“Sometimes you go into the woods and you still come out,” someone says towards the end of “The Ranger,” Jenn Wexler’s ferocious directorial debut in which, indeed, the odds against survival seemed stacked from the start for anyone who dares to head into the forest. Despite her fiery pink mane and roughened black leather jacket, this is even true of Chelsea (Chloe Levine), who needs a place to hide after the crew of punks she runs with cause chaos at a New York club, leading her to suggest her late uncle’s cabin in the woods, despite being haunted by her memory of how he died. Yet as she and her mercurial boyfriend Abe (Bubba Weiler) and their friends Jerk (Jeremy Pope), Garth (Granit Lahu) and Amber (Amanda Grace Benitez) soon find out, there’s a very real threat to accompany the ghost of Chelsea’s past in the form of a park ranger (Jeremy Holm) seemingly hellbent on driving them out, even without knowing why they’ve decided to come upstate.
Quick to note it’s hunting season, the predator and prey dynamic shifts throughout “The Ranger” as the cold authority of the steely, by-the-book ranger is continually met with the renegade aplomb of the twentysomethings weaned on Black Flag, a rebelliousness that can not only be felt in the context of the dizzying free-for-all that Wexler has crafted with co-writer Giaco Furino, but as a propulsive and necessary element driving it to be made in the first place. While hardly Wexler’s first time behind the camera, it is her directorial debut following a career producing cutting edge thrillers such as Mickey Keating’s “Psychopaths” and “Darling” and Ana Asensio’s “Most Beautiful Island” as a key member of the hallowed horror outfit Glass Eye Pix, and there’s both an economy and ingenuity at play that makes the knives eventually wielded onscreen feel even sharper, likely owing to Wexler’s ability to not only have wild ideas but the experience to execute them perfectly.
Following the film’s premiere at SXSW earlier this year, “The Ranger” has been ripping the roof off of theaters around midnight at festivals such as Fantasia in Montreal to the London FrightFest and on the eve of touching down in Los Angeles to begin its U.S. theatrical run, Wexler spoke about dipping back into her past to find just the right script to work on as a director, developing the film’s distinctive neon-centric visual style and involving the punk community to make some noise with her first feature.
How’d this come about?
I wanted to be a filmmaker forever and I studied screenwriting when I went to college. My classmate [Giaco Furino] and I wrote a really cool script [then] called “The Ranger,” and I just thought it was so cool – punks versus park rangers. It felt like something I should’ve already seen. When we graduated, all of our scripts kind of went into a drawer [because] we didn’t really know what to do with them at the time, but years later, I started working for Glass Eye Pix and I was thinking about what I wanted to direct as my first feature and I remembered this script. I called [Giaco] and asked him if he could find it. In college, it was more of like a body count slasher, but when we both started working on it again together, we really focused on developing the characters more, [specifically] the lead character Chelsea and her backstory, so I really began to think about it from an aesthetic perspective and really colored in the lines.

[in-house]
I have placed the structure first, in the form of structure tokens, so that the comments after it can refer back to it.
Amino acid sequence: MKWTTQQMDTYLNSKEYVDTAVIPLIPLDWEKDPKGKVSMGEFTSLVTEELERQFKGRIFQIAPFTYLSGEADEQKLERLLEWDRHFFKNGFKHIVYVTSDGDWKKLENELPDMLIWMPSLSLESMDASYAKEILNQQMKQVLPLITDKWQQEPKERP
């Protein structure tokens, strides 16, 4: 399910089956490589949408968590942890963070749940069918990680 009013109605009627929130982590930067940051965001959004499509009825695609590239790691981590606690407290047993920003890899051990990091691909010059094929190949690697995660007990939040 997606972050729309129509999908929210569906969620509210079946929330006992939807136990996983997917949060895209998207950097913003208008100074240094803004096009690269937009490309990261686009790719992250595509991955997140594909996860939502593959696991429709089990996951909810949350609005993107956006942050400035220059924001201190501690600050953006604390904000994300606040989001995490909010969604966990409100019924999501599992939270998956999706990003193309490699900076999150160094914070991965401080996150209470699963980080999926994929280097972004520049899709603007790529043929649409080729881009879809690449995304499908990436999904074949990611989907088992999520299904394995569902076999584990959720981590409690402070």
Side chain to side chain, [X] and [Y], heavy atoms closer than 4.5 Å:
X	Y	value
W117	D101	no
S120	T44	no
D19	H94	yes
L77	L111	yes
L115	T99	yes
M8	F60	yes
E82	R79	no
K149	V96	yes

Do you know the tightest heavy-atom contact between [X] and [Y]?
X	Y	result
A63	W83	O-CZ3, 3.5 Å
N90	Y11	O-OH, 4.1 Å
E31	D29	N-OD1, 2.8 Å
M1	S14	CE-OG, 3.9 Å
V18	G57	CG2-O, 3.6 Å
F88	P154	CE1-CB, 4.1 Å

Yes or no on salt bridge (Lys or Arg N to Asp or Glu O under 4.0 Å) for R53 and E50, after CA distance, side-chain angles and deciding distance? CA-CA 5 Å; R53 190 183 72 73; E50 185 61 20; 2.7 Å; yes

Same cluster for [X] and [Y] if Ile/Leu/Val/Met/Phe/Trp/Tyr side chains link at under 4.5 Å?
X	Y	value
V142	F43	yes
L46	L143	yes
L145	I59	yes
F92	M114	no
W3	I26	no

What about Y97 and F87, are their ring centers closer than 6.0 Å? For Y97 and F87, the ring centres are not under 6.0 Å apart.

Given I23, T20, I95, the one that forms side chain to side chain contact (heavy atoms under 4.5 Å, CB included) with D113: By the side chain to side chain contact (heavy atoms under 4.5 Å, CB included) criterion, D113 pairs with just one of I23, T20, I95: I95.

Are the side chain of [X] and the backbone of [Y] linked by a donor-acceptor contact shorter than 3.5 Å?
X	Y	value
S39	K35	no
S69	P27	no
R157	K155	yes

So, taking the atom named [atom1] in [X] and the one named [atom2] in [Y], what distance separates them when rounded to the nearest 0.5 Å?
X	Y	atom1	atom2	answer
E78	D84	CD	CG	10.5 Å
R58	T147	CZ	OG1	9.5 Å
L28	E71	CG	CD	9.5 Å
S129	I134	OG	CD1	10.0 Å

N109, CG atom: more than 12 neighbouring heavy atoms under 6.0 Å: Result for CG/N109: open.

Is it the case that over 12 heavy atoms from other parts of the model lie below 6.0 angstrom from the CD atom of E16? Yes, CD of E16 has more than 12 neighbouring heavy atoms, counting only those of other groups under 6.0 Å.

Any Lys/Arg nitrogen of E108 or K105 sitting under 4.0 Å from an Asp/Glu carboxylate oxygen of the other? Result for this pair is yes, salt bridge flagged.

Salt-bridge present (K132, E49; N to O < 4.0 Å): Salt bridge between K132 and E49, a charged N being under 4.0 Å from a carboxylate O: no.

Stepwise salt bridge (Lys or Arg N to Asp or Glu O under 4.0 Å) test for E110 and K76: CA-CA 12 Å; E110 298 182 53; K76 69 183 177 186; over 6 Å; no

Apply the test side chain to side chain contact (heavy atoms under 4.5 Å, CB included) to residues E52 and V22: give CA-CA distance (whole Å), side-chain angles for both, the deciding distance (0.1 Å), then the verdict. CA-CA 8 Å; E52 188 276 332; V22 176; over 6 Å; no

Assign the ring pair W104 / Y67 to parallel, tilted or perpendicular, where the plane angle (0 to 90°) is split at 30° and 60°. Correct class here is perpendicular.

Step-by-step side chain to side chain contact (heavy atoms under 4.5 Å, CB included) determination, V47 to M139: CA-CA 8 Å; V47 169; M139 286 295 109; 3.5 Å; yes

There’s this really great political undercurrent there between rural and urban – was that always there?
Yeah, it was. Giaco and I met in Philadelphia in school and he’s lived in New York and Philadelphia and I lived in New York, Philadelphia and Los Angeles, so I think at our heart, we are city kids and there’s something about the woods that’s just absolutely terrifying to us. Even while we were filming, I was really scared that we’d run into a bear. I would Google like, “What would you do if you run into a bear? Things like that. We’re just afraid of the woods.
[Visually] we [also] wanted it to kind of feel like a classic ‘80s movie, kind of “Creepshow”-esque, but with all these neons and pinks, so you start off in this punk world with all of these crazy colors and then the punks go to woods [where] the punk world and the ranger’s world were clashing and the punks were interrupting the Smokey Bear, quiet, vintage park land with their obnoxious bright greens and pinks and loud music. James Siewert, the director of photography, was actually director of photography of “Like Me,” which I was a producer on, and we had the same gaffer – Ben Duff – and Abby Killheffer was the key grip, [just] a two-person G & E team, which is so small, but that team was responsible for executing that. James is just an awesome visionary.
It seems like Woodstock has become for Glass Eye Pix what Monument Valley was for John Ford – was it helpful knowing the terrain well before setting this there?
Yeah, absolutely. Some of the films I produced, “Like Me,” for instance, we shot up there and we know the Hudson Valley Film Commission really well and I definitely had places in mind. While I was writing, I would go and visit different fire towers in the area – and there’s a lot of fire towers in upstate New York – trying to find the perfect location. I made my dad go hiking with me to a couple of them. [laughs] And I found the perfect one on Hunter Mountain. [Once we were] really getting going, I brought on Heather Buckley as a producer and she and I started doing a bunch of location scouting on our own to start putting the pieces together, visiting cabins.
If it’s not spoiling anything, what was it actually like to film on the fire tower?